When Grant was a baby, not so teeny tiny but probably about eight months old, I was incredibly sleep deprived. Grant hardly napped, and when he did it was a hard fought battle, a mixture of finding the right pattern and casting the right spell. The same could be said of bedtime as well, and his middle of the night wakings were taking a toll on both Mark and I. I was losing my mind and desperate for reprieve.
Somehow (I shall call this a miracle) Grant slept during the day for about an hour while I talked with my cousin, Beth, on the phone (I think the universe knew that I needed intervention). Beth was in the thick of parenting her own two boys – Elias, who was only two weeks younger than Grant, and her then four year old, Will. Elias was an easy baby, a peaceful sleeper who went along with whatever the day or night may bring. But Beth knew difficult babies. Will had not been so easy and peaceful. She was ready to talk me off the ledge.
I remember this all so well because I took notes. Copious scribble on a journalist-style notepad, as if researching for a project, this project that would save my sanity. I don’t have that notepad anymore, can’t remember most of the things that we talked about, her tips for sleep and naps and peace and love. There is one thing that sticks with me, though.
As we talked, I watched the lights on the baby monitor, willing it to stay quiet so that maybe, just maybe, I could get enough tips and pointers, this beacon of hope, before Grant woke up. Walking in circles around the sun porch that we knocked down some years later, the sun bathed me in light and warmth, and through the phone Beth spoke this truth: It won’t always be like this. She didn’t say it gets better, or easier (or harder). She didn’t promise me a formula. She didn’t minimize this anguish that I was feeling. But she did promise me that things change. This, too, shall pass.
That they do.
Grant is almost 8 years old, and while I can say that bedtime remains a difficult time for us, it looks very different than it did 7 years ago.
Last night (or was it the night before? Or last week?), sunk in my own self-pity and weariness, I whined my latest worry and weary to Mark. At the end of pouring out my mind to him, I heard myself say, “One day looks just like the last, and I feel like it’s never going to change.”
It’s easy to feel stuck. To feel as though bedtime will always be treacherous. That I will never any substantial writing done because it’s always interrupted every few minutes. That the kids will never learn to keep their hands to themselves, or that I will never learn to stop yelling at them. To feel as though my wells of patience and love are almost, almost run dry. The wheels are spinning, working ruts in the mud, and there is little other than sheer force to push this heavy one out.
It won’t always be like this, she told me.
This summer was hard. Hard in ways that I didn’t want it to be, in ways I don’t want to admit. Hard in disappointments. Hard is lessons learned. Hard in battles fought, and most often not won. I felt weary and heavy, the weight of it all pressing me deep into those mudded out ruts. It was with this weariness and a heaviness that I opened the door to fall.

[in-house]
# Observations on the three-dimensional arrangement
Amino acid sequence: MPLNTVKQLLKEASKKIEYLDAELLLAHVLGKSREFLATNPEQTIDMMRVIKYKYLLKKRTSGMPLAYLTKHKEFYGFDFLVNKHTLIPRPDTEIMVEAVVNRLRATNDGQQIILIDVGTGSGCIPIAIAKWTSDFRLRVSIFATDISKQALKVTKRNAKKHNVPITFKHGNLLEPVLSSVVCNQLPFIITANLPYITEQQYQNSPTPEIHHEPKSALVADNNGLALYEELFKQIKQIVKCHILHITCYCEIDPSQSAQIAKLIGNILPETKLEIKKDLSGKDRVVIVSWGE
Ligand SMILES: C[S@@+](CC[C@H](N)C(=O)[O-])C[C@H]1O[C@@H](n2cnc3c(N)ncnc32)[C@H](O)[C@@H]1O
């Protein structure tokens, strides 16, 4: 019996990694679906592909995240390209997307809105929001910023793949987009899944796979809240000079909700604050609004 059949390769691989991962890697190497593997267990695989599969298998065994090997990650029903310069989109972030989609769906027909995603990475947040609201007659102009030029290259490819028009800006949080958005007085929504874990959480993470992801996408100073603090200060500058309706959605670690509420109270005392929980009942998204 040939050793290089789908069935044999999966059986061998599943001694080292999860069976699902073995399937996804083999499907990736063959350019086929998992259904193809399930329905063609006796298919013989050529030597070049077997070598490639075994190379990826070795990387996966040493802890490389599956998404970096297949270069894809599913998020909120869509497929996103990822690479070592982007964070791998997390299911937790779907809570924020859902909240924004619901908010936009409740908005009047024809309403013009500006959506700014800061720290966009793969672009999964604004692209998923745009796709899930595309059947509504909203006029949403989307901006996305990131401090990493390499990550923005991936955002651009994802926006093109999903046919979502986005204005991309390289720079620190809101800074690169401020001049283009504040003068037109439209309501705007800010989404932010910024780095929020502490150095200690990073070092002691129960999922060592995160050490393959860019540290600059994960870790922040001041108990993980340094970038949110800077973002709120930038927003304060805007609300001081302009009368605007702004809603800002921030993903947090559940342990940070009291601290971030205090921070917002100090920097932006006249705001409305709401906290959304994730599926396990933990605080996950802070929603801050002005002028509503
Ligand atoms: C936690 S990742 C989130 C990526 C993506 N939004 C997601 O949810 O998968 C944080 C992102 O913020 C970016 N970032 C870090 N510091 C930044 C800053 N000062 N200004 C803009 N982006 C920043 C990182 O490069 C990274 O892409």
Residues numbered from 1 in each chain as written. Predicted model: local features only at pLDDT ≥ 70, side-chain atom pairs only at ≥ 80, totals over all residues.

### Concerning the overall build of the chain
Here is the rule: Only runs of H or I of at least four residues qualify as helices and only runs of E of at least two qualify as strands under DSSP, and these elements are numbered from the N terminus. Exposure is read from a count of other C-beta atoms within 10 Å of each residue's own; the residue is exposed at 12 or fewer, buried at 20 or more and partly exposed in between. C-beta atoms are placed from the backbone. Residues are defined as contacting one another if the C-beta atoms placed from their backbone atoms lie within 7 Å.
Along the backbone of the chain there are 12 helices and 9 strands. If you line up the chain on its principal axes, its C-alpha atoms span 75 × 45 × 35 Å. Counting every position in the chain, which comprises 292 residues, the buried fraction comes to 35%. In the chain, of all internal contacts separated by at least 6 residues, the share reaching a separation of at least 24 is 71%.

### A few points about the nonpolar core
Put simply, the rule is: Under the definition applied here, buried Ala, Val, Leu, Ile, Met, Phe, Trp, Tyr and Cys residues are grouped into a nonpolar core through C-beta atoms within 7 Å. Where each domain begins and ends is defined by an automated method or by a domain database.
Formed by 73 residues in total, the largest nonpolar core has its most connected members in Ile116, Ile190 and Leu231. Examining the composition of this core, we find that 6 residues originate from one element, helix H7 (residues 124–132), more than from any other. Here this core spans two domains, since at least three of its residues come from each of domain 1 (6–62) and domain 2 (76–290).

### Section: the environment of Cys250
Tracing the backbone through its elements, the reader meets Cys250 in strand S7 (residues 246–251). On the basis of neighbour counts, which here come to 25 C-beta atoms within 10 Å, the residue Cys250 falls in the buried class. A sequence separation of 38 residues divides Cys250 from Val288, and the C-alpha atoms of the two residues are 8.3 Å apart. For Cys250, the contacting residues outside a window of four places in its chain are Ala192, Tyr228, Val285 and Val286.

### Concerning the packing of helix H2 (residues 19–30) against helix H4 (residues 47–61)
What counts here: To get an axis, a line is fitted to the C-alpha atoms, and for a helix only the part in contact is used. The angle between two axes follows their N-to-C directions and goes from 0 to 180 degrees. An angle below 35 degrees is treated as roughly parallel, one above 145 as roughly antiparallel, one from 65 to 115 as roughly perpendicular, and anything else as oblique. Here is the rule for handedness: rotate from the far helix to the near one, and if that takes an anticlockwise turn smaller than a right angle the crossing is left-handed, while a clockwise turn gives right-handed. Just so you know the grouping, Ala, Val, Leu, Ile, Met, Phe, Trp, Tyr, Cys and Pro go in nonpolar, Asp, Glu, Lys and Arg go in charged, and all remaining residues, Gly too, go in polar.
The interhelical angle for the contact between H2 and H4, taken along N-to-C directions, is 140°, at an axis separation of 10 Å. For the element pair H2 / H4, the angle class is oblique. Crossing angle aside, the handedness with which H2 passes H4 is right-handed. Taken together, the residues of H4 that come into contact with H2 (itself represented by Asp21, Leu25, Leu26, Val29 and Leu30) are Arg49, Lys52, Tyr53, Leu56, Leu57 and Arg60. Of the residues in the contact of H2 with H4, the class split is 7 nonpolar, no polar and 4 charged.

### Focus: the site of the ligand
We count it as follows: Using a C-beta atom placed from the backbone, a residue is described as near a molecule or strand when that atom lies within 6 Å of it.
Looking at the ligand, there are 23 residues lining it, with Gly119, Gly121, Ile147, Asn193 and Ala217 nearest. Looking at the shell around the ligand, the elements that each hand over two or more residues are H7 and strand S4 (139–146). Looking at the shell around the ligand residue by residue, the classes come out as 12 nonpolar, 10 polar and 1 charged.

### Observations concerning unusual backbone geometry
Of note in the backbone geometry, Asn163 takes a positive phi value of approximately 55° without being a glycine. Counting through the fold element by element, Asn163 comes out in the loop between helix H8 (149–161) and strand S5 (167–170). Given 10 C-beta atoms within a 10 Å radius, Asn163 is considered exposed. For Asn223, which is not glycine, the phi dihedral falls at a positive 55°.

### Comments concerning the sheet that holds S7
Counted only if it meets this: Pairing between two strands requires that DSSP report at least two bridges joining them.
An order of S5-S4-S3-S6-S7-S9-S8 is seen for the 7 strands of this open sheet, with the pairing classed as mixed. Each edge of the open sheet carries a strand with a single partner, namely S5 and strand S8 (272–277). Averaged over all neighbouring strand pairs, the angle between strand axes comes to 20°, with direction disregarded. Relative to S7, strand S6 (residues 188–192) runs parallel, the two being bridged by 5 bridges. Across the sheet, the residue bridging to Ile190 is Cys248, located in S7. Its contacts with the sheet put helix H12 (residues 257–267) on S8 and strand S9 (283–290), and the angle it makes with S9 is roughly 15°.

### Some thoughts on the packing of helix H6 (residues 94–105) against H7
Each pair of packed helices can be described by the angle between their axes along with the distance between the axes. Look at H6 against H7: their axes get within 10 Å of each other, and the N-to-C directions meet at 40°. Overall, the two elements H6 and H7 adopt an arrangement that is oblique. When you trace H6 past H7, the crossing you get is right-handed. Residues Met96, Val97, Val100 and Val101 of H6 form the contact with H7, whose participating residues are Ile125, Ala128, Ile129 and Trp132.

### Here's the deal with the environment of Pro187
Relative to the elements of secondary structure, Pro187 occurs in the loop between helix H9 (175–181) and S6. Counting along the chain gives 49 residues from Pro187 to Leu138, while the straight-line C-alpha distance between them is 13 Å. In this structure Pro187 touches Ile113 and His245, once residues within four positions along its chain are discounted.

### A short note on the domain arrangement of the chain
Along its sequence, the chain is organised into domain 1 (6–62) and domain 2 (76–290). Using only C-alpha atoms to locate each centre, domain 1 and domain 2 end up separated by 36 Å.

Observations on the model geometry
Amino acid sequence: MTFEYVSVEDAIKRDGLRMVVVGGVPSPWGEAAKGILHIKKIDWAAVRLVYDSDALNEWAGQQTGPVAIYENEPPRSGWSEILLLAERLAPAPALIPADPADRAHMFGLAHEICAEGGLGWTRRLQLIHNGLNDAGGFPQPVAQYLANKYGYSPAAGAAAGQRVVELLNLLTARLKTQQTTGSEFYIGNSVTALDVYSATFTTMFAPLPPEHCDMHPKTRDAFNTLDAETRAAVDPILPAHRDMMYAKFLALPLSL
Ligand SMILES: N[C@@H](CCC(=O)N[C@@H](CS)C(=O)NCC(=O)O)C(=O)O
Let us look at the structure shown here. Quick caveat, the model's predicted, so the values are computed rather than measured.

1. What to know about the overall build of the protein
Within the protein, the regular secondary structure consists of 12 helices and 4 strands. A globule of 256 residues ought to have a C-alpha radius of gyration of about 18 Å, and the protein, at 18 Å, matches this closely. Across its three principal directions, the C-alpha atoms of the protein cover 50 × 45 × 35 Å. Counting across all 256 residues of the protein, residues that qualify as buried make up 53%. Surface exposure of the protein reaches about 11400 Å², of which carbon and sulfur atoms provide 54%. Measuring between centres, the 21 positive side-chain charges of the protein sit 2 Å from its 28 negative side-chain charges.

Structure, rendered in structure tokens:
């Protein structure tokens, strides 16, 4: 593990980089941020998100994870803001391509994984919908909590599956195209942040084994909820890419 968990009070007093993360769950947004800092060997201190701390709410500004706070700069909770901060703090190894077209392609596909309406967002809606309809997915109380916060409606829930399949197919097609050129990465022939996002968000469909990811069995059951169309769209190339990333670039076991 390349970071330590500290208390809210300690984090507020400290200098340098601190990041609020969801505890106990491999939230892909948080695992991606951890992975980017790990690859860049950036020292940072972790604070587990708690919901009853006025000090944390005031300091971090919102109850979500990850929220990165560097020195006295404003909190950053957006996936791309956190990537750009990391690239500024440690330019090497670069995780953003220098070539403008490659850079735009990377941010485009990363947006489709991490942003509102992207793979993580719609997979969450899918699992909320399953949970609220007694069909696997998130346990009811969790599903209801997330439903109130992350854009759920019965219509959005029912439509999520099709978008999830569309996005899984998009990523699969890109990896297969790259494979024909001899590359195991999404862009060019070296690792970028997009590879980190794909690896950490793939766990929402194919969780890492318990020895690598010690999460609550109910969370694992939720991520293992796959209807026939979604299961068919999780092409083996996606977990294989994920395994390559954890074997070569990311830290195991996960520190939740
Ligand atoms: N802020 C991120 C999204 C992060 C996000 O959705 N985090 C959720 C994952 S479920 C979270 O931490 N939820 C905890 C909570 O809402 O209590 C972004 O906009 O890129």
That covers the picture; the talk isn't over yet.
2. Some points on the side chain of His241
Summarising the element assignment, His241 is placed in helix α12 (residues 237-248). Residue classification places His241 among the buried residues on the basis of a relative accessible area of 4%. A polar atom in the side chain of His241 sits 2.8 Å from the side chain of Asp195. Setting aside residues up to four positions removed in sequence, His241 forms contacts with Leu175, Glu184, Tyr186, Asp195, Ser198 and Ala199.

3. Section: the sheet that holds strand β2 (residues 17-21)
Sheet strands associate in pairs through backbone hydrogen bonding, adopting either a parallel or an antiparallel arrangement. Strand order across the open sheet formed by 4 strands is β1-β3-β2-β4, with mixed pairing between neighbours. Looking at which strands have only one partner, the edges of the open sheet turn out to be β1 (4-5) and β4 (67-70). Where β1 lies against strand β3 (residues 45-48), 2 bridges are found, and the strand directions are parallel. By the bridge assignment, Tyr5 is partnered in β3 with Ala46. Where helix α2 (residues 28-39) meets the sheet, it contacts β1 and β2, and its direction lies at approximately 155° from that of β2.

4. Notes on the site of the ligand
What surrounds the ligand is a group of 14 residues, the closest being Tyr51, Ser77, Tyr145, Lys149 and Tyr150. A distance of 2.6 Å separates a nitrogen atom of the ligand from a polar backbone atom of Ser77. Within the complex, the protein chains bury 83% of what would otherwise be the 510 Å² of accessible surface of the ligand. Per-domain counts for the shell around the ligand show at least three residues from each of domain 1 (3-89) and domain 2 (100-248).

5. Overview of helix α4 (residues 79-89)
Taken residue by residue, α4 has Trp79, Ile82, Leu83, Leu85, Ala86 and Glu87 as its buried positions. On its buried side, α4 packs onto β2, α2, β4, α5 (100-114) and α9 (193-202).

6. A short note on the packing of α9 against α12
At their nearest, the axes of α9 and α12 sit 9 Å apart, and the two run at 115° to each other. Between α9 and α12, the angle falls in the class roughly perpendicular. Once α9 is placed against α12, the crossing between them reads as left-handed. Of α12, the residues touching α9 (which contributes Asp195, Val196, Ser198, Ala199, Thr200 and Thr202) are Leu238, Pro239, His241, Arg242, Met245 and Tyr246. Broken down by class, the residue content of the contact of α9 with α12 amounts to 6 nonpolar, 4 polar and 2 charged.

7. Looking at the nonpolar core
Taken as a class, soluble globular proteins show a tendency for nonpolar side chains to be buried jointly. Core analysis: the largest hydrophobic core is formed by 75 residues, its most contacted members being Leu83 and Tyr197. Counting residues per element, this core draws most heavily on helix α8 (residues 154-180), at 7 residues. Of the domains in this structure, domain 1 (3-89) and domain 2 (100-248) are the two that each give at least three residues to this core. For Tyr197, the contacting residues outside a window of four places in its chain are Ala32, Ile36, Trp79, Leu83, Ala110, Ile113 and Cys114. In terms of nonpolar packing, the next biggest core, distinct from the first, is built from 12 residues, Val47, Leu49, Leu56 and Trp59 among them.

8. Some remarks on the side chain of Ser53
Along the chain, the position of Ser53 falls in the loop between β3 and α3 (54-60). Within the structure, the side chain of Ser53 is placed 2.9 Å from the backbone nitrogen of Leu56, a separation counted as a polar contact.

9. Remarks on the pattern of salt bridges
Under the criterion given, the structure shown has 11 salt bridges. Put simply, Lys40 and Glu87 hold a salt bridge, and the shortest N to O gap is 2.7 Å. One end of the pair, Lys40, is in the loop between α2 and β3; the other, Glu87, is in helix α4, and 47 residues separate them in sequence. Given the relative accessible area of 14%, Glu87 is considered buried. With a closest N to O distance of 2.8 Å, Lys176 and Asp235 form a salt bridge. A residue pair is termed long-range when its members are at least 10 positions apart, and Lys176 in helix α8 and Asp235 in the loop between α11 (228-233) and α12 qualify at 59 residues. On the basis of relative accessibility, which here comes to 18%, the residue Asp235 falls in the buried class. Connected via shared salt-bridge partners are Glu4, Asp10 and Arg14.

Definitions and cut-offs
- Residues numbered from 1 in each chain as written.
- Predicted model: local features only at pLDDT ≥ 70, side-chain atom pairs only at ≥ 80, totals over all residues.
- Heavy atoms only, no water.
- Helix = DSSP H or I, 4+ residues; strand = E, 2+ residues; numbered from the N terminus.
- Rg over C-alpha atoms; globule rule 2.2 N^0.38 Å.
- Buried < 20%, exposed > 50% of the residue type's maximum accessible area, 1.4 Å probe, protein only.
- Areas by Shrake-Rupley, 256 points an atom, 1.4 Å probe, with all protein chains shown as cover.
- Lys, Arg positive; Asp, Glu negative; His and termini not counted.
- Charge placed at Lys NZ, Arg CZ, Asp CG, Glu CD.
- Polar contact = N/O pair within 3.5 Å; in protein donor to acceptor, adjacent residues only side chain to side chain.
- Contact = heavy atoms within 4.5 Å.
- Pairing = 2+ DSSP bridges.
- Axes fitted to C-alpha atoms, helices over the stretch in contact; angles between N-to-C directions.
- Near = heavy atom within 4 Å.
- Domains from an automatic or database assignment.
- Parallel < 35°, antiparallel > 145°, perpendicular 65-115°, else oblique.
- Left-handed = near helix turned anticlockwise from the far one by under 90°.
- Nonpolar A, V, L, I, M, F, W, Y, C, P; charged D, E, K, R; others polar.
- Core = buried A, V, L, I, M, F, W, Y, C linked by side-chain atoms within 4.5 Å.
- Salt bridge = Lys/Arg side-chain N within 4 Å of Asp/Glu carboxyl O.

Yesterday, while waiting for the bus a gust of wind swooped down our hill. As it did, the kids and I watched a flutter of yellow leaves lift briefly in the gust and the tinkle down to the ground. This, too, shall pass. There is significant beauty in its delicateness, in its fleeting presence.
This beautiful will pass. This hard will pass. There will be more beauty. There will be more hard.
Though I may feel like I’m driving down rutted out roads, caked thick with dried mud, spinning my wheels hardly moving, it won’t always be like this. Maybe this is the trick. Watch, this minute: watch it become the next. Stop spinning those wheels, digging myself deeper down, rutted in. Be still a moment. Feel it, learn it, know it. Notice what is passing, how it is all changing.
This, too, shall pass: those crocodile tears with the flailing legs on the floor, pounding, pounding about some injustice in the life of the three year old. This, too, shall pass: the way she holds my hand, confidently and proudly, as we walk along the sidewalk to her kindergarten classroom. This, too, shall pass: the nervous wave from the soccer field while he checks, again and again, to make sure we are standing stalwart and watching before his game begins. This, too, shall pass: the curtain calls after lights out, just one more drink of water, and then can you walk me back up, too? And check my bed for snakes.
The clouds push through the bright blue sky, the sun rises and sets each day. One moment passes into the next, the river washing grit from beneath rocks, rounding out sharp edges.
Isn’t everything that’s ever been written trying to say just this?